“All-American Cracked Wheat Summer Salad.” That’s my new name for tabouli. Or tabbouleh. Or tabuleh. Or any of the other variations of this wheaty salad.
(What? Spellcheck says “wheaty” isn’t a word? I’ll deal with that later …)
Seems lots of folks don’t like the idea of tabouli more than they don’t like what it actually is: wholesome wheat berries with summer vegetables and a light lemony sauce. Tabbouleh … just sounds foreign. Maybe even French. And definitely hippy. Tabouli rhymes with patchouli … can’t be a coincidence, can it?
So how do you sell something like tabouli to mainstream America? Easy … what’s it made out of?
Not sure why, but folks look at bulgar wheat or tabouli and think, what is this mush? We’ve all heard of flour and oats and real American grains, but this has to be one of them foreign weeds, like quinoa or couscous. But bulgar wheat, or it’s less processed form, cracked wheat, are just that, wheat. Wheat berries that have “cracked” or ground into various granulations for faster cooking. (In the case of bulgar, the berries are steamed first and then dried.)
So what else is in the “foreign” salad? There’s cucumbers, an American favorite during the summer. Tomatoes, found in every Big Mac and on so many front porches in container gardens or those upside-downy hanging contraptions. Lemon juice, another summer fave. Salt and pepper. And a mix of herbs familiar to most any American home garden, like mint or parsley.
Crazy stuff, eh?
And it’s easy to make, and you know how Americans hate anything that’s easy to make. The wheat doesn’t even have to be cooked. You can just steep it in hot water and you’re done. (If you want to get crazy, you can saute it in broth with onions and garlic, but that’s totally optional.)
And it’s versatile. Another things Americans hate. There are about 50 different ingredients that can go into tabouli, and you only need 5 of them or so, so you can mix it up and never have the same salad twice.
It travels well, and we know how Americans hate summer picnics and barbecues. There’s not mayo to go bad in the heat like potato salad. Basically, keep it out of direct sunlight and it will last all day.
And finally, it’s healthy. (Okay, sarcasm off, we’re not so crazy about healthy things, as a nation. But we’re getting better.) There’s nothing in it but whole grains and fresh vegetables. Because you’re using ground wheat berries, you still have a lot of the protein from the wheat. There’s a skosh of healthy fat from the olive oil. Add some chopped chicken breast for a bit more protein, and you have a near-perfect post-work-out recover meal.
So, support American wheat farmers and serve up some All-American Cracked Wheat Summer Salad.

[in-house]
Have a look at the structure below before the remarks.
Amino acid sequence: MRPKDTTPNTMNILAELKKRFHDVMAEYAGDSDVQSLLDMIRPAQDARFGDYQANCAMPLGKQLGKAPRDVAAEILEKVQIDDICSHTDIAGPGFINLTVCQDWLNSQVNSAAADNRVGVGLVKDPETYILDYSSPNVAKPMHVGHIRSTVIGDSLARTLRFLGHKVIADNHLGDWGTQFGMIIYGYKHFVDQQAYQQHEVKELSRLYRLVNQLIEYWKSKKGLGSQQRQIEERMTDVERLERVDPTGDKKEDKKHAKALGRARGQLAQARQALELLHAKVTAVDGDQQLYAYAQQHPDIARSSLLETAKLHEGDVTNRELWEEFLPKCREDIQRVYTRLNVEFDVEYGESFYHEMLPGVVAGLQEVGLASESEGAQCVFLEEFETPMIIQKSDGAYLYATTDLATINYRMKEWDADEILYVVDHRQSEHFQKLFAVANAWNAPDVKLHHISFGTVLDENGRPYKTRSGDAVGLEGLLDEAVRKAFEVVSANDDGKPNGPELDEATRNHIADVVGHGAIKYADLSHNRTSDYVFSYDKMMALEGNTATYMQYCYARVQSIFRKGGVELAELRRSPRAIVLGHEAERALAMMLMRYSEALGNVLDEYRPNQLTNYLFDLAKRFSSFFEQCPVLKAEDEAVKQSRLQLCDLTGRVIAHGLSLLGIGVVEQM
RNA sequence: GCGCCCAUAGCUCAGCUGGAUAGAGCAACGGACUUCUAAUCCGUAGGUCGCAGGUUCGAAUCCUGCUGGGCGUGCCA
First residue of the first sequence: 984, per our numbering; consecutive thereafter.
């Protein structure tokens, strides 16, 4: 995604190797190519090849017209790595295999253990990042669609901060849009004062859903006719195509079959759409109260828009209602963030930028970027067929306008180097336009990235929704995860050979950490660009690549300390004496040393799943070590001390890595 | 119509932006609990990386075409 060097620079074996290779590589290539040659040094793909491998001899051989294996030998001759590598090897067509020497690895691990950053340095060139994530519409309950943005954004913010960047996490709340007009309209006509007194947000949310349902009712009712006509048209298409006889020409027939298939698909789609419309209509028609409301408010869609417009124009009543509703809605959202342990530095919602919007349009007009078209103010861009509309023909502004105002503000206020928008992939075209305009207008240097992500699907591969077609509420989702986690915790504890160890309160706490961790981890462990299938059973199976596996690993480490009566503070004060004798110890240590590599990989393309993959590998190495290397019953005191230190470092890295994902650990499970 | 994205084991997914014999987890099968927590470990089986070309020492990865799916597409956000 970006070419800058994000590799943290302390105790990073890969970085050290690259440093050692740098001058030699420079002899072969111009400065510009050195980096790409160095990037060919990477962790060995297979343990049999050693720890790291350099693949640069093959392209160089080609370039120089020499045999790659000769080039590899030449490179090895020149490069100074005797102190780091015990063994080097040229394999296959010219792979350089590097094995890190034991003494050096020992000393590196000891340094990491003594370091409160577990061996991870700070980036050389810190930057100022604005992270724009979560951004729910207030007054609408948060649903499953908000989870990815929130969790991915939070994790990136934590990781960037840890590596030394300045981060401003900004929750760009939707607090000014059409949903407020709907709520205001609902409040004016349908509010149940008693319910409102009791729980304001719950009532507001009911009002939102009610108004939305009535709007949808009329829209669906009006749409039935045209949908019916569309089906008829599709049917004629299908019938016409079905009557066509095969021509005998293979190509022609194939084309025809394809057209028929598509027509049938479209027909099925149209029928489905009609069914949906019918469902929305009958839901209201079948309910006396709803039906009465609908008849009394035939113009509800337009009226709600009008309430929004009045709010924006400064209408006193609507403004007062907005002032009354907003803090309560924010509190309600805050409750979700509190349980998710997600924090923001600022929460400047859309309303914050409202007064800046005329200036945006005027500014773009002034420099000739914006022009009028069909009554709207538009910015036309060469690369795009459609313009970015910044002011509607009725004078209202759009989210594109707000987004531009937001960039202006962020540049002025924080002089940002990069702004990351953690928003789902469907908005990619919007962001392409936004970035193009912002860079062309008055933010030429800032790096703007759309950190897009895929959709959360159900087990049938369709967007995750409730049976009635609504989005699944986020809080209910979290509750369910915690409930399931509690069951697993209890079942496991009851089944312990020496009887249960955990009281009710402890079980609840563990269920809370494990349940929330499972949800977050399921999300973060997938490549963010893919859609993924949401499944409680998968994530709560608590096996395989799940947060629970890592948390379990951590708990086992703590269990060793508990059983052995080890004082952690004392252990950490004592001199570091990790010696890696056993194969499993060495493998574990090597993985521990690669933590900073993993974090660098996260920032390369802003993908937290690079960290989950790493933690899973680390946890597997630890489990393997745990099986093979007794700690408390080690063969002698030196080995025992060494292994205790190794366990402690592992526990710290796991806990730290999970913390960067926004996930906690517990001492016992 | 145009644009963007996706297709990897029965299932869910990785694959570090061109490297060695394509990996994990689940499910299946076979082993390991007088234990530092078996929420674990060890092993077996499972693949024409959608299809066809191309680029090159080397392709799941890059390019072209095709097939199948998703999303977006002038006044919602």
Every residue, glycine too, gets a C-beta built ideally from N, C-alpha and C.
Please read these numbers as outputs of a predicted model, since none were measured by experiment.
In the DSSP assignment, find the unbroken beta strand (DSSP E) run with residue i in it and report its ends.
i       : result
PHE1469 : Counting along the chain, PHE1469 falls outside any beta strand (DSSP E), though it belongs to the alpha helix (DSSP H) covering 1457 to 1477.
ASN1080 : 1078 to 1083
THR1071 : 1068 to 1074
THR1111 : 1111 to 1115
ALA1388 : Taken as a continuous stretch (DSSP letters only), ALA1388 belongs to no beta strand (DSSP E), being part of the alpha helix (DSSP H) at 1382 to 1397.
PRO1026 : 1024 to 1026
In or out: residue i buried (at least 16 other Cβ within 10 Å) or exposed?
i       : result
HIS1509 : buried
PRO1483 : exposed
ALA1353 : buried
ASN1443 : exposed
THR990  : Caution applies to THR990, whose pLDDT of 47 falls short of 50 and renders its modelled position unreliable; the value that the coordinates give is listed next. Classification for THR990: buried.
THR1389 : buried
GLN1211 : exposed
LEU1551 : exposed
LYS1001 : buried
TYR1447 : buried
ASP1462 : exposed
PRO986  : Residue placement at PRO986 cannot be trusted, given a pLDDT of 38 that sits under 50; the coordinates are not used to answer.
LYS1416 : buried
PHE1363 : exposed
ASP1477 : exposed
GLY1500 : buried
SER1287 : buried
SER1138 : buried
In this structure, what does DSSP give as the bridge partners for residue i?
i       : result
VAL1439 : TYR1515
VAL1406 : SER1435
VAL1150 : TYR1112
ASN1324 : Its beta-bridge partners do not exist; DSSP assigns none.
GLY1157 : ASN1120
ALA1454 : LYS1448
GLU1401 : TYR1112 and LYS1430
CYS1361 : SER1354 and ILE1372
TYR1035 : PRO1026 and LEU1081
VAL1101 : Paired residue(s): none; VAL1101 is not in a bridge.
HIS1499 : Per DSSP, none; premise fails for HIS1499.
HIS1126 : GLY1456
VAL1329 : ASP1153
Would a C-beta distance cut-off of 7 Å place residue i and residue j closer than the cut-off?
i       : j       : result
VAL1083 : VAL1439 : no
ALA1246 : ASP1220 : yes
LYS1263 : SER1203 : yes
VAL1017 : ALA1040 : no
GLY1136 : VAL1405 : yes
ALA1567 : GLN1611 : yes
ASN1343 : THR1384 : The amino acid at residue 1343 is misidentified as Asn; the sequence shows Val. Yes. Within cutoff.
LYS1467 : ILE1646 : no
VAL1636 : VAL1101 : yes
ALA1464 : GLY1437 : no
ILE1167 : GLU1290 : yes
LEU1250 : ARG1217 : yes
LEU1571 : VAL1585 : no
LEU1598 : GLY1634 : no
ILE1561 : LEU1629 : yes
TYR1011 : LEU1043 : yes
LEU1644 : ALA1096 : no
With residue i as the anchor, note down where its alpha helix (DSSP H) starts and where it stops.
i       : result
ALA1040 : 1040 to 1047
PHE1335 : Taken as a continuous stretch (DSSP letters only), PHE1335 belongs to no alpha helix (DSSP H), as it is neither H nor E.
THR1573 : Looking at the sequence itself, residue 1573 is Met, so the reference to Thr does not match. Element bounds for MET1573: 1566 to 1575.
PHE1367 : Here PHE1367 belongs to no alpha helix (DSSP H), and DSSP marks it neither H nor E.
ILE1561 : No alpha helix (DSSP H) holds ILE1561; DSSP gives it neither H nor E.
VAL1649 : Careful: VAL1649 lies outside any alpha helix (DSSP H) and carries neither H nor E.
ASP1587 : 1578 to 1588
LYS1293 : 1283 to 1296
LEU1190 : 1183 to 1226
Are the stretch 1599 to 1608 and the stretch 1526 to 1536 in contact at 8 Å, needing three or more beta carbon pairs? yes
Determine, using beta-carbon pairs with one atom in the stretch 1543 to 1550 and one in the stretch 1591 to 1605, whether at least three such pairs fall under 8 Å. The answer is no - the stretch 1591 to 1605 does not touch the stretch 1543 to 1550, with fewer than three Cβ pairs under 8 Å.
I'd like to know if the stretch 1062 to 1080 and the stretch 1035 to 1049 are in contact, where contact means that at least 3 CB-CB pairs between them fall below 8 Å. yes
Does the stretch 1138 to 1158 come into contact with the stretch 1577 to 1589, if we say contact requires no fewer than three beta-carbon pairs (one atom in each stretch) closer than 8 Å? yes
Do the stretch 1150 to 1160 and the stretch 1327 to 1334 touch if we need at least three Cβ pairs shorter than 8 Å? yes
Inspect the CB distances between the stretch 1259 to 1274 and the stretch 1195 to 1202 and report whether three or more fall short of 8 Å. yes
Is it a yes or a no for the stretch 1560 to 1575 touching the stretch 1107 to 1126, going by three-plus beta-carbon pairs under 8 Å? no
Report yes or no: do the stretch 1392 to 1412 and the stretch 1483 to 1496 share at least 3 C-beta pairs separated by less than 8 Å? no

One cup bulgar wheat or cracked wheat
Two cups boiling water
2 Tbs olive oil
Juice from two lemons
Half cup mixed herbs, chopped (mint, parsley, cilantro, etc)
Half cup diced veggies (cucumber, tomato, red pepper, onion, green onion, garlic,
Salt and pepper to taste.
half cup chick peas
half cup shredded Romaine lettuce
Pour the boiling water over the bulgar and let it steep for 30 minutes. Meanwhile, dice your veggies and finely chop your herbs. When the bulgar is ready, add veggies and then olive oil / lemon juice.
You can really play with all of the proportions. In some parts of the world, this is really a parsley salad with a little bit of cracked wheat, not the other way around. You can up the herbs, then, to a full cup or more with no problems. The more wheat, the more lemon juice it can handle, and you’ll see as much as half a cup per cup of bulgar in some recipes. Onions … red, yellow, sweet, or green all work. Most cultures call for lots and lots of parsley, but we’ve made it with 100% cilantro and loved it. Technically, that’s probably not “tabouleh,” but then again, we’re not so worried about labels here.
Agriculture employs 21 million people—more than seven times as many workers as the U.S. automotive industry.
Agriculture is one of the few sectors of the economy that consistently runs a trade surplus.
For every dollar Americans spend on food, farmers only get 20 cents.
95% of U.S. farms are run by families, farmer partnerships or co-ops.
Today’s farmer provides food for about 140 people—up from just 19 people in 1940.
“Farming looks mighty easy when your plow is a pencil, and you’re a thousand miles from the corn field.” – President Dwight D. Eisenhower
“The farmer is the only man in our economy who buys everything at retail, sells everything at wholesale, and pays the freight both ways.” – President John F. Kennedy